... And if the translation they have adopted is the King James version, that may indeed be the most poetic, but it's not the most accurate English translation, and any academically worthy study would certainly want to include a more modern translation to be read in parallel with that one.
--Lindsey

It may be somewhat lacking in accuracy, but it's also the version usually cited by those who believe in the "literal truth" of the Bible. Of course, you usually can't expect a high degree of logic in matters that are decided by faith.

It is nonetheless unsettling that a majority of Americans would seem to favor replacing evolution with religious dogma in our public schools.

-Bill

lensue
December 27th, 2005, 09:28 AM
>Self-interest generally has the meaning of an appropriate emphasis on the needs of self, whereas selfishness generally has the meaning of inappropriate personal greed<

Judy, thanks--still the distinction can sometimes be hard to make. For example, I believe that Walmart's Sams and Costco charge pretty much the same price. I also know that Costco and Sams treat their employees in different ways, although I don't believe in general Sams breaks the law. From where I live I save time and money by using Sams as opposed to Costco. So to what degree am I being self interested and to what degree being selfish? Regards, Len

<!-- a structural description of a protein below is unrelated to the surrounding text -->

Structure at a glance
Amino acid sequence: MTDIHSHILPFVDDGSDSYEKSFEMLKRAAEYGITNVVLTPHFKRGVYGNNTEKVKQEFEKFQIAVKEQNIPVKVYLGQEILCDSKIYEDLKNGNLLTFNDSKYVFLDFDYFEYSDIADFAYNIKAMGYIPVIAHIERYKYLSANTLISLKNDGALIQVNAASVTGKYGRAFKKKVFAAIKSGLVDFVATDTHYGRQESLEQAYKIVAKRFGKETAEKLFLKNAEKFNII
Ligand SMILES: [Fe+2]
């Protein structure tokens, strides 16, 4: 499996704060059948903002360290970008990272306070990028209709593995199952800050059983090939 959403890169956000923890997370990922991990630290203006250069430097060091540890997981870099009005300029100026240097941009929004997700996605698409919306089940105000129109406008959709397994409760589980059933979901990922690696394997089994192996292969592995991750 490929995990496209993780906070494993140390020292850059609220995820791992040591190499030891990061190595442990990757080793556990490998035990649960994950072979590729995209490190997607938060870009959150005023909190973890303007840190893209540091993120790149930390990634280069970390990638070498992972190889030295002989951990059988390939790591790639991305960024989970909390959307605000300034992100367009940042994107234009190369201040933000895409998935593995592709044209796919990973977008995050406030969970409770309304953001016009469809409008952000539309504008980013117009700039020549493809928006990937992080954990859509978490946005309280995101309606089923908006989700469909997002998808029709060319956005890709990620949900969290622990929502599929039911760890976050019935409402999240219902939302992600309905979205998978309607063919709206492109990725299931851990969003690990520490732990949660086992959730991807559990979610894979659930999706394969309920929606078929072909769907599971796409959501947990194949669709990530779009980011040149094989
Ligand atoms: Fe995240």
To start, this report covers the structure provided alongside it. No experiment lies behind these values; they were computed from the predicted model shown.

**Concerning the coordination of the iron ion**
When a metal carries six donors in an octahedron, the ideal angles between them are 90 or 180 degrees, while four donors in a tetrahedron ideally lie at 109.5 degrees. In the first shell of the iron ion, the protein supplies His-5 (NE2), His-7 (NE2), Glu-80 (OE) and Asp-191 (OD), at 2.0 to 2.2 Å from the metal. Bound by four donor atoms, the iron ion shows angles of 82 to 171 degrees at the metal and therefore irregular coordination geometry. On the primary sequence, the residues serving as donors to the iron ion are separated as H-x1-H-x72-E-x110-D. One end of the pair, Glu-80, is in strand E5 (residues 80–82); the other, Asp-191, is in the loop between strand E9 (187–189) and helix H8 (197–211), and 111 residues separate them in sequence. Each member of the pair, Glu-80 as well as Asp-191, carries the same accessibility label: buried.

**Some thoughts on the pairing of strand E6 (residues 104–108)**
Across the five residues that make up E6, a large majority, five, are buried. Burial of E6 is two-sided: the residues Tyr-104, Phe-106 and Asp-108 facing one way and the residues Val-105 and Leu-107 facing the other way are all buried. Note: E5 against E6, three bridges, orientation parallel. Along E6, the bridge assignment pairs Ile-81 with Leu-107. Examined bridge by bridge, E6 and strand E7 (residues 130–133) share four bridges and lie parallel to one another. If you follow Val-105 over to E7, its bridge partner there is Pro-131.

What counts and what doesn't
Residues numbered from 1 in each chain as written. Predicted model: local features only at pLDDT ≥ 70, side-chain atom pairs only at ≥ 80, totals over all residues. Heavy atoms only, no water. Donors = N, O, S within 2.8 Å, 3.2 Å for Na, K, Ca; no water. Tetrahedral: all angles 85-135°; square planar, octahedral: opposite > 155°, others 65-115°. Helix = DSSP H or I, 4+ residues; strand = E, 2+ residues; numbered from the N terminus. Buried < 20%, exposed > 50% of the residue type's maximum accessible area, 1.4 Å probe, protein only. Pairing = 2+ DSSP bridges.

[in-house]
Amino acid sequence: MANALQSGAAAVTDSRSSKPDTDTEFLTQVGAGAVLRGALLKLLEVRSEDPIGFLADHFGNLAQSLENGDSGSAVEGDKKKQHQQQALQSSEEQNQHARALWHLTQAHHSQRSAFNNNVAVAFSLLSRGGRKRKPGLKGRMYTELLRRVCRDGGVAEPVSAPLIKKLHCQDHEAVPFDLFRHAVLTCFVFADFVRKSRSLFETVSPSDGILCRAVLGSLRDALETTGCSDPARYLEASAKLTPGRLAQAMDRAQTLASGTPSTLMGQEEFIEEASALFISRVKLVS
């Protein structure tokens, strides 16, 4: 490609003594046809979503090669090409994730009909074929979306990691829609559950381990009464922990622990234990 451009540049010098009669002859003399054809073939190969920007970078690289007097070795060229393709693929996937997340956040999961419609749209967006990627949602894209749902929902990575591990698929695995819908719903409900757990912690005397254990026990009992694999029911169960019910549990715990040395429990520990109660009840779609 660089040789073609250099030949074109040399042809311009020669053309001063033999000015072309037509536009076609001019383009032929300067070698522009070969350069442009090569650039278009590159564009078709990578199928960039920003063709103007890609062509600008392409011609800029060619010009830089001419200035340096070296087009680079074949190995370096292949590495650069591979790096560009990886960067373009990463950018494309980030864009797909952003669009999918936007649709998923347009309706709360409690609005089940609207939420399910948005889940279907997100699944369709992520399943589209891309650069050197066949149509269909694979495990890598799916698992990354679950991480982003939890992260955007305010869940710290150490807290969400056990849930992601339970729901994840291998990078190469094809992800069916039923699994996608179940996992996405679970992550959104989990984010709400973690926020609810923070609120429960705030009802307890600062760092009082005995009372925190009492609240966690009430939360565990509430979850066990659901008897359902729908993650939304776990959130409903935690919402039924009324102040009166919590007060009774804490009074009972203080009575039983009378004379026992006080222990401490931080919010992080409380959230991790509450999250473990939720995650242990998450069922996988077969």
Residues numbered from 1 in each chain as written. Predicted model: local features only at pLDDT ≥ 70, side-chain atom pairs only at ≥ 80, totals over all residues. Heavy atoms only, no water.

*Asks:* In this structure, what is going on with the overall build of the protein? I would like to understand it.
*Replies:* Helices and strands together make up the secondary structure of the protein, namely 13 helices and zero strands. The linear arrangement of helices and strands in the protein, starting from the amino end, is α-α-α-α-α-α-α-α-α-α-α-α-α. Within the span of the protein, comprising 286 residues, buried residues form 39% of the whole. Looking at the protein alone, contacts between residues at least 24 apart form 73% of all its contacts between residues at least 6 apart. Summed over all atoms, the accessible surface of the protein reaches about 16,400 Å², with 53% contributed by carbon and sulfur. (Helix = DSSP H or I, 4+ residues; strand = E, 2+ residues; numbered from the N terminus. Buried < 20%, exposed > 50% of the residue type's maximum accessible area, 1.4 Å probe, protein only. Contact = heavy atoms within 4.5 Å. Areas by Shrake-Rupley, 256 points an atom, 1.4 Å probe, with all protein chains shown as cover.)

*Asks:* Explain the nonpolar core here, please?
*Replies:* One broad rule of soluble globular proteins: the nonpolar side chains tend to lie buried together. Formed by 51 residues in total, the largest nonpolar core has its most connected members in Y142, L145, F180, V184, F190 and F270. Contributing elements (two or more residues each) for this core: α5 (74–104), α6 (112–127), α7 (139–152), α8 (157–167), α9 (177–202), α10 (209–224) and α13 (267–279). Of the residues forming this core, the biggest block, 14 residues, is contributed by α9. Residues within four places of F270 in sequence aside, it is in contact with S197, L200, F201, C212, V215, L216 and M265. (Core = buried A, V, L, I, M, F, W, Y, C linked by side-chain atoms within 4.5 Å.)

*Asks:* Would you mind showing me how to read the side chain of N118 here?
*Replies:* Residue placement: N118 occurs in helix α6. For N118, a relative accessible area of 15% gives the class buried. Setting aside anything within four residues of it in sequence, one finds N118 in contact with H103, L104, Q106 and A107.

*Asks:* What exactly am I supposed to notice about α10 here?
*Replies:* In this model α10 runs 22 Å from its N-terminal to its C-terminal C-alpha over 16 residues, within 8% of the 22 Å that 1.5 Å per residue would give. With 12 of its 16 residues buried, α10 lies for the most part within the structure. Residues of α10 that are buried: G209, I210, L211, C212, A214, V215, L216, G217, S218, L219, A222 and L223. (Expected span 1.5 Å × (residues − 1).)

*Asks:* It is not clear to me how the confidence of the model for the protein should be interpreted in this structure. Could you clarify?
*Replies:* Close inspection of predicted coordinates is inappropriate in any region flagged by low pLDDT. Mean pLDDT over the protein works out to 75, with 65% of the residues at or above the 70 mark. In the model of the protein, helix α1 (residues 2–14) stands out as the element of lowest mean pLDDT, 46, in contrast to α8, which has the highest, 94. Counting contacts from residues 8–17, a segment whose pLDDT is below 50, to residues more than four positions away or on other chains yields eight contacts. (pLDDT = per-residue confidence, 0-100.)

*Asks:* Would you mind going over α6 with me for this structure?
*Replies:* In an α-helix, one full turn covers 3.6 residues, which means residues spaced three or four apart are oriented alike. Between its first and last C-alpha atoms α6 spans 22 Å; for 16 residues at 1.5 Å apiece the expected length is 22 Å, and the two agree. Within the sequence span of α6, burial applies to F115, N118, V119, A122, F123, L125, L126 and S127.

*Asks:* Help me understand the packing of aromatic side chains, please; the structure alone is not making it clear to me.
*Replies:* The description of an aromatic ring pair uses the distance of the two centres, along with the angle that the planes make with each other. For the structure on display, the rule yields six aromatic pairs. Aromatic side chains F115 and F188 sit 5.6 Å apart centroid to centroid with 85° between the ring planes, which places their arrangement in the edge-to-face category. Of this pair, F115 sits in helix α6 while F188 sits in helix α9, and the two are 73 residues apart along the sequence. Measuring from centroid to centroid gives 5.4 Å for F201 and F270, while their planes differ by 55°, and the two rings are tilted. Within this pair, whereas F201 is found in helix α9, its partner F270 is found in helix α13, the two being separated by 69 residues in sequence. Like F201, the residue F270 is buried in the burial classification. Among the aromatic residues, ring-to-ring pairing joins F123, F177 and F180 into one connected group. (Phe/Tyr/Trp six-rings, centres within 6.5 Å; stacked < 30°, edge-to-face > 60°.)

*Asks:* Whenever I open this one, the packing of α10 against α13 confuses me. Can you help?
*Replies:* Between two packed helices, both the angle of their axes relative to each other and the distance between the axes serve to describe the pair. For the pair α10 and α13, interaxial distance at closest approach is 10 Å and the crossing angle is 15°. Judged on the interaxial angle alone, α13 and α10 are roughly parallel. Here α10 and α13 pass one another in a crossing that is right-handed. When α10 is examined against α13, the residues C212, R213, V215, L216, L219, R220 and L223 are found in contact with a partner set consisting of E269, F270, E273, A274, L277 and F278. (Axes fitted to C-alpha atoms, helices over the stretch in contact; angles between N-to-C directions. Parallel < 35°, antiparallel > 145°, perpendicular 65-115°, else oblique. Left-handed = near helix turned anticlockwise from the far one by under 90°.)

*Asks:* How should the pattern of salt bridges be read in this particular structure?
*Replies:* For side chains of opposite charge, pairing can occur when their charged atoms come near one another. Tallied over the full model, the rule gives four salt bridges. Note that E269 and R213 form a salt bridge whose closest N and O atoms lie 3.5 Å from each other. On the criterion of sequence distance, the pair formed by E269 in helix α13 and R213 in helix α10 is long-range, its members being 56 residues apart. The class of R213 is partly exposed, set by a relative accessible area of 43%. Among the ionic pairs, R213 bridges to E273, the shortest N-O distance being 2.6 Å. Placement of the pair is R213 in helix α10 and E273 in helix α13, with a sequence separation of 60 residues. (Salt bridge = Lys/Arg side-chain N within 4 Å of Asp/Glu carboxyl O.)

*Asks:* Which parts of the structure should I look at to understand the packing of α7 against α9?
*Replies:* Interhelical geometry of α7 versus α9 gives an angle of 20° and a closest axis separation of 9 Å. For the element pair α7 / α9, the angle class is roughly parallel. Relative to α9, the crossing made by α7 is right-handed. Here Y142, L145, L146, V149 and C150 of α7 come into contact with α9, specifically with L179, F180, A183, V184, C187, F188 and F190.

lensue
December 27th, 2005, 09:37 AM
>While the killing of several million jews, plus gypsies and some homosexuals, by the nazis is universally condemned, if anyone dares speak of the 20 million people killed by stalin and his successors, well that is considered the price one pays to achieve utopia. <

Earle, that's pretty much what this great documentary "Russia's War" from PBS was trying to say--Kissinger made your point several times. I do think that today the vast majority of people don't think highly of Stalin. What a secretive closed place the Soviet Union was under Stalin and those who followed him. The show revealed that the Russians had actually found Hitler's grave and had it brought to Russia where it remained until 1970 when one of the leaders had the remains crushed--the show said that all that remains of Hitler are some teeth they have somewhere. The footage on this show was quite remarkable. They explained how close some of the military people in Germany got to assasinating Hitler--it was a very close call for him. Afterwards there were shots of a shaky Hitler visiting a hospital and shaking hands with some of the others who were wounded in the bomb assassination plot. Regards, Len